I once wrote about Paguriran Island as one of those offbeat destinations, the type that looks great on paper but could prove to be otherwise up close and personal. However, when I got there and saw it for myself, I discovered that it was, indeed, something out of the ordinary.
We were coming from a 12-day trip across Leyte and Samar, and we decided to cross to Bicol as we were nearing the end of our sojourn. We have spent hours island hopping in Matnog, Sorsogon, so it was close to sunset when we reached Paguriran Island in Bacon, Sorsogon. Fortunately, it was low tide when we got there, so we were able to witness what the island had to offer. We learned that if it were high tide, the beach would not be so spectacular.
While there, we were given three choices for our accommodation, the owners of which were related. We were actually thinking of setting up camp or taking an open cottage that cost Php 300, but since it was already towards the end of our trip, we decided to let ourselves taste a bit of luxury. We picked out a house that was closest to the beach and had a balcony. The going rate was Php 1,000, but since it was off-season and there was hardly anyone else there, we got the house for Php 800.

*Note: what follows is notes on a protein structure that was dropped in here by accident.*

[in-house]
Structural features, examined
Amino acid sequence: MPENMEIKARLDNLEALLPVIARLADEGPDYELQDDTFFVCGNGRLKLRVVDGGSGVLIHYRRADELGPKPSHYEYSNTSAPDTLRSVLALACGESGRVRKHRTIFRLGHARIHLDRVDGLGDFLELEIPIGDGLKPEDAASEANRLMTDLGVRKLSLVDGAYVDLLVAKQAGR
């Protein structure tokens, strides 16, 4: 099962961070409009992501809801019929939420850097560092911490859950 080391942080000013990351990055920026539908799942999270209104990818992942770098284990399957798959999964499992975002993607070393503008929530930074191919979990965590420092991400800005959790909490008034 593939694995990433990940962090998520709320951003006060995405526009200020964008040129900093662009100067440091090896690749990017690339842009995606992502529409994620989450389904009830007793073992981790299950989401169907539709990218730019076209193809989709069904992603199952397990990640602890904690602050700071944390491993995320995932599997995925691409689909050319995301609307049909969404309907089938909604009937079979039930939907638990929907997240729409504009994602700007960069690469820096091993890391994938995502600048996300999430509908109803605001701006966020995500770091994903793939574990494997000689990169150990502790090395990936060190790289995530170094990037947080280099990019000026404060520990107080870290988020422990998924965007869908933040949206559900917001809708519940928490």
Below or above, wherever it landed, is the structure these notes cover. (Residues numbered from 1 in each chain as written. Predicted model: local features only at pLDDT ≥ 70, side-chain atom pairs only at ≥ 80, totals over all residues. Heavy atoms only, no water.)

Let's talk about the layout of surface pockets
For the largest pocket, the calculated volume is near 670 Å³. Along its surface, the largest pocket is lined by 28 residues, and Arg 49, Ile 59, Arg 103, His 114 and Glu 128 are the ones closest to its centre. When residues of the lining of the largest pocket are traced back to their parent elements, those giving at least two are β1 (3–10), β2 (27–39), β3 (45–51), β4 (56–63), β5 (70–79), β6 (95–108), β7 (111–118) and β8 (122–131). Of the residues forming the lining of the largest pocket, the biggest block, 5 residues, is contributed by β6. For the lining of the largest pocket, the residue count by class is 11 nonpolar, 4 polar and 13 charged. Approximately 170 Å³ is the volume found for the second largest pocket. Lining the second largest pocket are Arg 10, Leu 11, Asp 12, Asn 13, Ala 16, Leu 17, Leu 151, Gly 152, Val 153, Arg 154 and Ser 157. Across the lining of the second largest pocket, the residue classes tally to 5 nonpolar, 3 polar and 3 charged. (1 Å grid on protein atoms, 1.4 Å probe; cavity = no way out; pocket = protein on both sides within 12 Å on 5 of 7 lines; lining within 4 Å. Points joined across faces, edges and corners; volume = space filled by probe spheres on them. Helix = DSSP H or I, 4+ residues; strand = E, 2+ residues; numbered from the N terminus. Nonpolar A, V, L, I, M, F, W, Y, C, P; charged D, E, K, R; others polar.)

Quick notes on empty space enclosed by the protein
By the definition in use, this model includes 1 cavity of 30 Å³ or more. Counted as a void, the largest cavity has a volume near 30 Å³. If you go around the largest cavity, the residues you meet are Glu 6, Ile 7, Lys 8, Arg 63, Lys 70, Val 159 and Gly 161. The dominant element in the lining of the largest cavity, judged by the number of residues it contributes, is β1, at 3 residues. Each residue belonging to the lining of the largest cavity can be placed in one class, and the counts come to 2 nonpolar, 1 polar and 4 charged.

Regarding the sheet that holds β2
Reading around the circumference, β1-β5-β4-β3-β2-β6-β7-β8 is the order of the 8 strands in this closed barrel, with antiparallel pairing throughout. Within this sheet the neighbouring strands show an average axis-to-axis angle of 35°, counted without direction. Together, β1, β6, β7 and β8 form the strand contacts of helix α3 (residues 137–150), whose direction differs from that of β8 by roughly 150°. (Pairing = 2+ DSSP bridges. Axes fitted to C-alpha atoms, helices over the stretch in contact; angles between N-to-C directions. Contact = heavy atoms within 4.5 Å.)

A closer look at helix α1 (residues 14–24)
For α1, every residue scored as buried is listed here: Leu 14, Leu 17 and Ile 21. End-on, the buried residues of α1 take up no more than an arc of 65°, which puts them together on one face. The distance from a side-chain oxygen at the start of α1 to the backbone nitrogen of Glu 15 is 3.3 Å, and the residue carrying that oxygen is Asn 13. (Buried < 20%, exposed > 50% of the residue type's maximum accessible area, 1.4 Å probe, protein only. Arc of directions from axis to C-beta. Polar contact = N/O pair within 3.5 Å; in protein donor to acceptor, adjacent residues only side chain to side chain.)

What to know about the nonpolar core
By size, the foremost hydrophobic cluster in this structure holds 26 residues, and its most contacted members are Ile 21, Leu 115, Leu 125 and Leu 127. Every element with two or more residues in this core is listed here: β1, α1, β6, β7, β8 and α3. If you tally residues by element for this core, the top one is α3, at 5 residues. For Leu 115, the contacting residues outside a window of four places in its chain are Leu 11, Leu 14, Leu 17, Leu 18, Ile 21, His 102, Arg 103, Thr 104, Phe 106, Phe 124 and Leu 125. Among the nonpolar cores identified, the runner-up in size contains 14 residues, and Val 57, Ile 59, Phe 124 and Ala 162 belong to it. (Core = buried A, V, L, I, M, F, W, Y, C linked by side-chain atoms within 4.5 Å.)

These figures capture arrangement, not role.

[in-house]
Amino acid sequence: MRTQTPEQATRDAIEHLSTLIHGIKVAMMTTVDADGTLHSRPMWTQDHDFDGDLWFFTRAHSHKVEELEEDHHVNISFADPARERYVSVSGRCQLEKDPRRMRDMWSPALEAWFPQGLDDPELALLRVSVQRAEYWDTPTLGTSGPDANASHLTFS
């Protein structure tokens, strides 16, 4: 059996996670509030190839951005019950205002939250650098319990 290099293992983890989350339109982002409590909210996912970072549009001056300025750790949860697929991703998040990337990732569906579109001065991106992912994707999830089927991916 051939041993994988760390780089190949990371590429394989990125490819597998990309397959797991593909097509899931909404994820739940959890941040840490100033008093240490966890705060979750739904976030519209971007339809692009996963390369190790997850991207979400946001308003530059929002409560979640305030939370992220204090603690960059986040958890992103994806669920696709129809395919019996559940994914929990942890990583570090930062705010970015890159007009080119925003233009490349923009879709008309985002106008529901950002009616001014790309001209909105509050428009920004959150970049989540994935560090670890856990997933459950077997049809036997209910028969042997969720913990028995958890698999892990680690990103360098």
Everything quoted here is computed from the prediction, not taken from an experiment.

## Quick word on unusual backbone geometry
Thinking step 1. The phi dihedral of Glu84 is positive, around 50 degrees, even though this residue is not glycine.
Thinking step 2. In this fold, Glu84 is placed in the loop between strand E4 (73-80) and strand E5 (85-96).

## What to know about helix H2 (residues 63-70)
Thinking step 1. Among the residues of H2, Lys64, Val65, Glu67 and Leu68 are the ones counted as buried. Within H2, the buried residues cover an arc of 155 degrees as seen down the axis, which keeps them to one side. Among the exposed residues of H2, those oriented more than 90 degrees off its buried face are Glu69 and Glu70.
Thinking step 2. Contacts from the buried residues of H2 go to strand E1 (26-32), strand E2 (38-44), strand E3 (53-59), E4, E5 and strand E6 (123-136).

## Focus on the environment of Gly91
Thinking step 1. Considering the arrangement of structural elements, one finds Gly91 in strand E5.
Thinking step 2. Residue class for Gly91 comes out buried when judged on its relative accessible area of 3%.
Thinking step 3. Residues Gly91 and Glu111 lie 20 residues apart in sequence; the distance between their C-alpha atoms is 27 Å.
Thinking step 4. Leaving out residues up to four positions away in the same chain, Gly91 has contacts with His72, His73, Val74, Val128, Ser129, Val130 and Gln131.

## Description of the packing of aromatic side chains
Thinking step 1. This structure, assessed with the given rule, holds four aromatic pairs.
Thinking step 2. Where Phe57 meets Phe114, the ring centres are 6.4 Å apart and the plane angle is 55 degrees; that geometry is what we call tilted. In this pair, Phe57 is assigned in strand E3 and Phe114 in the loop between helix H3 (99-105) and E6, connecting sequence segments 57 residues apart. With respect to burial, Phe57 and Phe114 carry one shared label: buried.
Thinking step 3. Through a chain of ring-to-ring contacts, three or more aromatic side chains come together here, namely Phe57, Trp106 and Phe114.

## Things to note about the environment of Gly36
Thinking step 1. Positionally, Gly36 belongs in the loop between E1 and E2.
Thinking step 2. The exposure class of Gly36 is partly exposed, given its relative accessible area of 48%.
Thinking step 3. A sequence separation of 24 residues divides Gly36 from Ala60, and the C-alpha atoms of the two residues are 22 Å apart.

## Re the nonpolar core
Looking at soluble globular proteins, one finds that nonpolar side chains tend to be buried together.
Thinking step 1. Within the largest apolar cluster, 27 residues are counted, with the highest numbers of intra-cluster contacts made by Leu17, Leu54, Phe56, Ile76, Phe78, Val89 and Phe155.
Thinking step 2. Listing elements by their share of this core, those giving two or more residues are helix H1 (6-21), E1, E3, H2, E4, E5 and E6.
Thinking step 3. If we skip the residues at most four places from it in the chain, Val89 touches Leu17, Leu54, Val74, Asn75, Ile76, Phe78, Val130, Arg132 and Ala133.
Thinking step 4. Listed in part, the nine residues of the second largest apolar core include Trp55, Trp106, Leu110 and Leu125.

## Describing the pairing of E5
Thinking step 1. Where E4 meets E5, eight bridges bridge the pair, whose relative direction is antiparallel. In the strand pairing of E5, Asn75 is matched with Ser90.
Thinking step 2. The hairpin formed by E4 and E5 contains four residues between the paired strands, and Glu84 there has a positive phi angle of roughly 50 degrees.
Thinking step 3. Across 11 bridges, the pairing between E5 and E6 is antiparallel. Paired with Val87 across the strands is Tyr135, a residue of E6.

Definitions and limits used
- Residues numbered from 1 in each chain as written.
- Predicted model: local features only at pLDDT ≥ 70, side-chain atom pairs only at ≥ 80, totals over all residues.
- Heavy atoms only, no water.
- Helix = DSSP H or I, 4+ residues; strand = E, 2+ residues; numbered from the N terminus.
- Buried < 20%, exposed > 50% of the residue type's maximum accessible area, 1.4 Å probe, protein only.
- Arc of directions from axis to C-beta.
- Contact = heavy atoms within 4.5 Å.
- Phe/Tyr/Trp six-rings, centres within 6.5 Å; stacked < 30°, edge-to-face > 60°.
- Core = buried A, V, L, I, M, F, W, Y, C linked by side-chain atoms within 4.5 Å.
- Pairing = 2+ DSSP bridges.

The house was for two persons only, but the owner was gracious enough to allow all four of us to stay there. There was no air conditioner, but with the fresh air around us, we were good with just an electric fan. In fact, some of us decided to sleep in the balcony.
There was a common makeshift bathroom at the back of the house, which was normal in places like this. There were even karaoke jukeboxes under each hut, typical in provinces, and I was glad there was no one else there or we would have had a hard time sleeping with our neighbors belting their hearts out.
Come morning, we discovered the beauty that was Paguriran Island. The tide was low and the sandbar heading towards the lagoon was visible. Incidentally, Paguriran Island isn’t really an island but a collective formation of craggy rocks shaped like a volcano’s crater. Nestled in the formation is a lagoon with clear blue waters. You can also hike up the islet for an amazing view of Paguriran and Bacon’s shoreline.
There was an understated vibe of serenity on the rocks near the lagoon, and if I could only stay there, I would. However, real life awaits. Swimming is, of course, the primary activity, but with the low tide, we were better off surveying the beauty that surrounded us. We were told, however, that during high tide, the waters could get neck-deep. Incidentally, there’s a marine sanctuary, too, where giant sea turtles are sheltered. Yes, Paguriran Island is still undisturbed, so that’s great news.
From this trip, I learned that good things do come to those who wait. Because we waited until morning, we were treated to the beauty that was Paguriran Island and Lagoon.